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Workshop Series on Universal Design for Learning

A select group of educators from the Hartford Public Schools, area community colleges, the University of Hartford, and the University of Connecticut participated in an introductory workshop on Universal Design for Learning on Friday, November 1, 2013. Hartford Public School educators will participate in four follow-up workshops taking place in fall 2013 and spring 2014. The series is co-sponsored by The Institute for Translational Research in the College of Education, Nursing and Health Professions at the University of Hartford and the A. J. Pappanikou Center for Excellence in Developmental Disabilities Education, Research, and Service at the University of Connecticut.

Allison Posey, Director of Institutes and Workshops for CAST, lead the introductory workshop. Posey is pictured below (far right).

UDL Workshop UDL Workshop UDL Workshop

Left and center: Participants in the initial workshop collaborate on an engineering project. 

The first in the series of four follow-up workshops will focus on brain-based teaching and learning (i.e., the neurological science behind universal design for learning). The second through fourth workshops will focus on one of the three principles of Universal Design for Learning. These sessions begin with a facilitated discussion of a principle and related guidelines. Participants are asked to reflect on ways they might be currently applying the principle and ways they might be able to incorporate related guidelines in their teaching. After the first through third workshops, attendees are expected to engage in take-home follow-up activities, which consist of suggested readings and selecting a lesson to be modified during the next session. Session presenters assist with lesson modifications, ask the group to brainstorm ideas, and attendees present their ideas to the group. The first follow-up workshop is scheduled for late afternoon on Thursday, December 5 in the Woods Family Classroom, Mortensen Library, University of Hartford. The remaining three workshops will be scheduled for spring, 2014.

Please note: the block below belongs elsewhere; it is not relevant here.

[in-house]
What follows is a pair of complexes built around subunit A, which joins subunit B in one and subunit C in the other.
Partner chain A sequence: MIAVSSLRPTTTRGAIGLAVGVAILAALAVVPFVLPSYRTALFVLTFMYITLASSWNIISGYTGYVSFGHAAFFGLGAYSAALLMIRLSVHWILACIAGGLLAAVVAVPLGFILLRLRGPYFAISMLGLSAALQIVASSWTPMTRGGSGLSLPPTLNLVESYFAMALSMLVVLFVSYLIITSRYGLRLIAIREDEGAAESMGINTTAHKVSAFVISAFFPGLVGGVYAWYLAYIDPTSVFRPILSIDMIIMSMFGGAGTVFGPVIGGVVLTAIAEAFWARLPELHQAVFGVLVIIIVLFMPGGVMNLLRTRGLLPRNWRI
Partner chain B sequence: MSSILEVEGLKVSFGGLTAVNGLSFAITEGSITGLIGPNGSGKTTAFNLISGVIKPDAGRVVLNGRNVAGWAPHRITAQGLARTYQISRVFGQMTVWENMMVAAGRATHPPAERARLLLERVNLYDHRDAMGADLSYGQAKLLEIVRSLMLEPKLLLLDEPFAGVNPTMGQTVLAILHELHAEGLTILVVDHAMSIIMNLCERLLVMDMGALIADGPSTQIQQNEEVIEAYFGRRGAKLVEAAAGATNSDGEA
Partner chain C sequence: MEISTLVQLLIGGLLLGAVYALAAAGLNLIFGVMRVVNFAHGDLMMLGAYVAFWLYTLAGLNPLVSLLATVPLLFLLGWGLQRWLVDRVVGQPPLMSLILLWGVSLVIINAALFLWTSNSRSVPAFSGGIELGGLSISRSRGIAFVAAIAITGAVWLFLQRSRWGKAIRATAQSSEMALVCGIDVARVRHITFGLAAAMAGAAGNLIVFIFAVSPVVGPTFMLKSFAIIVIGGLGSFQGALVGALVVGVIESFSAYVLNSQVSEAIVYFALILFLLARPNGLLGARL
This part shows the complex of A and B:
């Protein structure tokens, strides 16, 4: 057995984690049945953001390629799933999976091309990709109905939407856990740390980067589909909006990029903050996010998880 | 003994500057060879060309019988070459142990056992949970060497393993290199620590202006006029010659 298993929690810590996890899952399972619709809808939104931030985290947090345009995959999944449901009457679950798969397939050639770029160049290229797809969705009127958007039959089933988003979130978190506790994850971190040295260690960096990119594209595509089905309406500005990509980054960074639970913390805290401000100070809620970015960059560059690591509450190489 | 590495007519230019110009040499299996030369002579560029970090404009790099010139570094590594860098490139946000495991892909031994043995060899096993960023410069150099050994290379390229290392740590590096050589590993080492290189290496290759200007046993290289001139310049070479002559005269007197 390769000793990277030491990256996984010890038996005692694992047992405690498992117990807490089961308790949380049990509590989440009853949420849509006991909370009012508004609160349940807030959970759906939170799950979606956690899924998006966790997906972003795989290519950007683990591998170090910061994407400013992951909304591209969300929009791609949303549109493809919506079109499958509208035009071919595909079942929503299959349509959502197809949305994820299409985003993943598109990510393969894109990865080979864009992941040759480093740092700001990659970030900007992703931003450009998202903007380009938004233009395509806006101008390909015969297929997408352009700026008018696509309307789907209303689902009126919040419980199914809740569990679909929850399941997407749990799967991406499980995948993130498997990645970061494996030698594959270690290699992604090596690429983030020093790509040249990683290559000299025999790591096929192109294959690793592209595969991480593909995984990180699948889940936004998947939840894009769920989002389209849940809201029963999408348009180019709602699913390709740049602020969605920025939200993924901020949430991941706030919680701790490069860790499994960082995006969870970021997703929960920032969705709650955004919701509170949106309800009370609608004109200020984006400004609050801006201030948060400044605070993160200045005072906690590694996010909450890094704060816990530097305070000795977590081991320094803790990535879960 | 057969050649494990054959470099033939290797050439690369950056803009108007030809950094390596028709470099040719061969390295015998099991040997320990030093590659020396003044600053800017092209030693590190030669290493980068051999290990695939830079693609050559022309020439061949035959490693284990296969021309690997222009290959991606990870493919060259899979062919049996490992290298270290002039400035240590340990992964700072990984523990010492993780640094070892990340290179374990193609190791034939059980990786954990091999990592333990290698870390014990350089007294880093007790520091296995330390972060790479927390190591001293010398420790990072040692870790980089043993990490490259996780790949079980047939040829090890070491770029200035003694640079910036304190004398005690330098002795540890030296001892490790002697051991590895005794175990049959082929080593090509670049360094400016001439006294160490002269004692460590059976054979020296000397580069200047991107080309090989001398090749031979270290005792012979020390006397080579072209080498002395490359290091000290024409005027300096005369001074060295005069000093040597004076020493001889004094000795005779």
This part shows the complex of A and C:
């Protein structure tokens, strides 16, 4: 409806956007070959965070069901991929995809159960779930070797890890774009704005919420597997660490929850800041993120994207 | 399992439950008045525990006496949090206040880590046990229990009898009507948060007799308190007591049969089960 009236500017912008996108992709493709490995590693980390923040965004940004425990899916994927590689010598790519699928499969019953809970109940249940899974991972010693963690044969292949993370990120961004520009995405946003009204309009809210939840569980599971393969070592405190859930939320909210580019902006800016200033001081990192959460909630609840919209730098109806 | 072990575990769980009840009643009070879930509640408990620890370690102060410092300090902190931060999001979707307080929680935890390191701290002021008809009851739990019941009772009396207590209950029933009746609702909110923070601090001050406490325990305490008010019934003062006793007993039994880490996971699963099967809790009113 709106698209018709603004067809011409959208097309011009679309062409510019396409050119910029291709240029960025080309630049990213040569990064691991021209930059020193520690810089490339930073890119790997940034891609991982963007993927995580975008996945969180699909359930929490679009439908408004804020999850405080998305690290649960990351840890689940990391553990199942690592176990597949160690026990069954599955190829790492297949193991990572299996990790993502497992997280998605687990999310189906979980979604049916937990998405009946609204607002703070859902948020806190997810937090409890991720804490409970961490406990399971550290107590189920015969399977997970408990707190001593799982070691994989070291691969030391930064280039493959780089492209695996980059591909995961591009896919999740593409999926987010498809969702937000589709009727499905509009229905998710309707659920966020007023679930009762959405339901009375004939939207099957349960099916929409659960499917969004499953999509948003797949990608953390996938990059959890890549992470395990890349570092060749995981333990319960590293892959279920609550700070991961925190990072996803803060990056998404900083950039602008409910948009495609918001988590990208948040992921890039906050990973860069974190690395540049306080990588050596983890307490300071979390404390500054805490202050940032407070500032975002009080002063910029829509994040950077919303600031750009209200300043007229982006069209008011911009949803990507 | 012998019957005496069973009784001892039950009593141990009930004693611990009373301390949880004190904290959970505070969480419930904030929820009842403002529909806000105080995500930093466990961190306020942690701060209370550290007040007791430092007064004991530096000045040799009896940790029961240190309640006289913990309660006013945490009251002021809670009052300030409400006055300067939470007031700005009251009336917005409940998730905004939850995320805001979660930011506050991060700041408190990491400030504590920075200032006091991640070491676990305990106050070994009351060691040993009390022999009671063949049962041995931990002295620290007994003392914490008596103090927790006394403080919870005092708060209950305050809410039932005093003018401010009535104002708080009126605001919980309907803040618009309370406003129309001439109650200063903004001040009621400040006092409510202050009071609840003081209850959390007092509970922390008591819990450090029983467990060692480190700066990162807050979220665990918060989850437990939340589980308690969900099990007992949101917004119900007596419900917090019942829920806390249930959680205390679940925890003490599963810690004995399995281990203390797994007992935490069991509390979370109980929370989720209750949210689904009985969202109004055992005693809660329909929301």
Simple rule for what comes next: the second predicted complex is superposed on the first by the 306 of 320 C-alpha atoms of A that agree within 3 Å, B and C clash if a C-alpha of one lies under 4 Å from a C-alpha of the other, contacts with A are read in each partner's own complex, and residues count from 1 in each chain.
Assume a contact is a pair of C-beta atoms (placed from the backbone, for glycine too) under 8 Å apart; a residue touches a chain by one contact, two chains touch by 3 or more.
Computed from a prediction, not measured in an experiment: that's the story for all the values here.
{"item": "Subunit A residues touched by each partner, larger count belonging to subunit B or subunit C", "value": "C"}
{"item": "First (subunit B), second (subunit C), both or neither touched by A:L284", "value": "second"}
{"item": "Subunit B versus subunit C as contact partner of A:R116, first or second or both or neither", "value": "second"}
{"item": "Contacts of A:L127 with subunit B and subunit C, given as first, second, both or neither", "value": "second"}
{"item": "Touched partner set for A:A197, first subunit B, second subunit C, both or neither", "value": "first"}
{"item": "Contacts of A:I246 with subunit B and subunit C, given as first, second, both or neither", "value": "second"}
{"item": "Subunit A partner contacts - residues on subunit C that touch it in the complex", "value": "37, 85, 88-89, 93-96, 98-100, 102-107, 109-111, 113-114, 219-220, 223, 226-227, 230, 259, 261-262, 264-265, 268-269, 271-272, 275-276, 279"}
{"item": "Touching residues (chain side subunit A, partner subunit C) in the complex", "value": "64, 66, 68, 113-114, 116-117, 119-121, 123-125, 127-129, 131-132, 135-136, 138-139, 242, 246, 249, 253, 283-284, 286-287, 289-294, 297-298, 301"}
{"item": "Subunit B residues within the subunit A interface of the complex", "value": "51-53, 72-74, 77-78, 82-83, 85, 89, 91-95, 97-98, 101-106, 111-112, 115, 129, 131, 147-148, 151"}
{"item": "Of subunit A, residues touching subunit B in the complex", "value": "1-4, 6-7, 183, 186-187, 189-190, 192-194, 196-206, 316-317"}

An underlying assumption of Universal Design for Learning (CAST, 2011) is that students learn best when provided with multiple opportunities and a variety of methods to access and apply knowledge. The model encompasses three broad principles and nine related guidelines that center on using a variety of ways to (a) present information and content, (b) provide opportunities for students to express what they know, and (c) stimulate interest and motivation for learning. The principles and guidelines outline strategies that faculty can use to build a flexible, learning environment to scaffold and differentiate learning for a broad range of students. Refer to table 1 below.